Journal Article

Genes and longevity: lessons from studies of centenarians

Yashin, A. I., De Benedictis, G., Vaupel, J. W., Tan, Q., Andreev, K. F., Iachine, I. A., Bonafe, M., Valensin, S., De Luca, M., Carotenuto, L., Franceschi, C.
Journals of Gerontology, Series A: Biological Sciences and Medical Sciences, 55A:7, B319–B328 (2000)


In population studies of aging, the data on genetic markers are often collected for individuals from different age groups. The idea of such studies is to identify "longevity" or "frailty" genes by comparing the frequencies of genotypes in the oldest and in the younger groups of individuals. In this paper we discuss a new approach to the analysis of such data. This approach, based on the maximum likelihood method, combines data on genetic markers with survival information obtained from standard demographic life tables. This method allows us to evaluate survival characteristics for individuals carrying respective candidate genes. It can also be used in the estimation of the effects of allele–area and allele–allele interaction, either in the presence or absence of hidden heterogeneity. We apply this method to the analysis of Italian data on genetic markers for five autosomal loci and mitochondrial genomes. Then we discuss basic assumptions used in this analysis and directions of further research. (© 2000 BY THE THE GERONTOLOGICAL SOCIETY OF AMERICA)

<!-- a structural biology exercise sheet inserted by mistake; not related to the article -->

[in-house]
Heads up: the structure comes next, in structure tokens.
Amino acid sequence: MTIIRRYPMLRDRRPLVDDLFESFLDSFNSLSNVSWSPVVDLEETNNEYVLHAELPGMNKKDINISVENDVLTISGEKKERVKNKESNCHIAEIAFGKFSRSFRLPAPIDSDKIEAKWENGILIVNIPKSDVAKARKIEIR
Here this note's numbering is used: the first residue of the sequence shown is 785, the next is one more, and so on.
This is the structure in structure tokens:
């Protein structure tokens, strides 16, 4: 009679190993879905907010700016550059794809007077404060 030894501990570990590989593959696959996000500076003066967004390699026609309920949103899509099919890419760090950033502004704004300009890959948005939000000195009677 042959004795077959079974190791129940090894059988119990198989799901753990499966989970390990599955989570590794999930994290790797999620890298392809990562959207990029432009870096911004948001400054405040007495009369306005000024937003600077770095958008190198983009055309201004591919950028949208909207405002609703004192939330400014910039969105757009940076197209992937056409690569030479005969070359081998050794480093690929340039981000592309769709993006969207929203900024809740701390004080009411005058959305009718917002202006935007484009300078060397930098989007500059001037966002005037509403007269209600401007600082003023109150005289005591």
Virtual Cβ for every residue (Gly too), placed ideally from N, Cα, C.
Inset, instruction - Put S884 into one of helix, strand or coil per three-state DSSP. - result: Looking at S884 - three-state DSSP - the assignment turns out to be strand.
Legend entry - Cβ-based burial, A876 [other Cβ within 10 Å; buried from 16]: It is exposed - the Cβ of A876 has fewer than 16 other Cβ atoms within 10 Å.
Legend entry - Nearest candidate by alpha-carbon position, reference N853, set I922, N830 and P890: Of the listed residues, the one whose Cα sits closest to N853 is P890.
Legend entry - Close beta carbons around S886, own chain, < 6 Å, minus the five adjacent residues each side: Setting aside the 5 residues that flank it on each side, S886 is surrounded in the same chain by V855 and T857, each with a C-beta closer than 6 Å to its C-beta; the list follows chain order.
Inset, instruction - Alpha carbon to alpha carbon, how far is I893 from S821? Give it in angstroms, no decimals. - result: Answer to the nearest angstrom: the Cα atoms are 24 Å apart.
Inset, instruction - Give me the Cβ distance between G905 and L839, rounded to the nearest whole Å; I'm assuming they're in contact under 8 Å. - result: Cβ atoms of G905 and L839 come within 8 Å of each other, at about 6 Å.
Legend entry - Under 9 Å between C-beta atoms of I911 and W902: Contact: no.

The Max Planck Institute for Demographic Research (MPIDR) in Rostock is one of the leading demographic research centers in the world. It's part of the Max Planck Society, the internationally renowned German research society.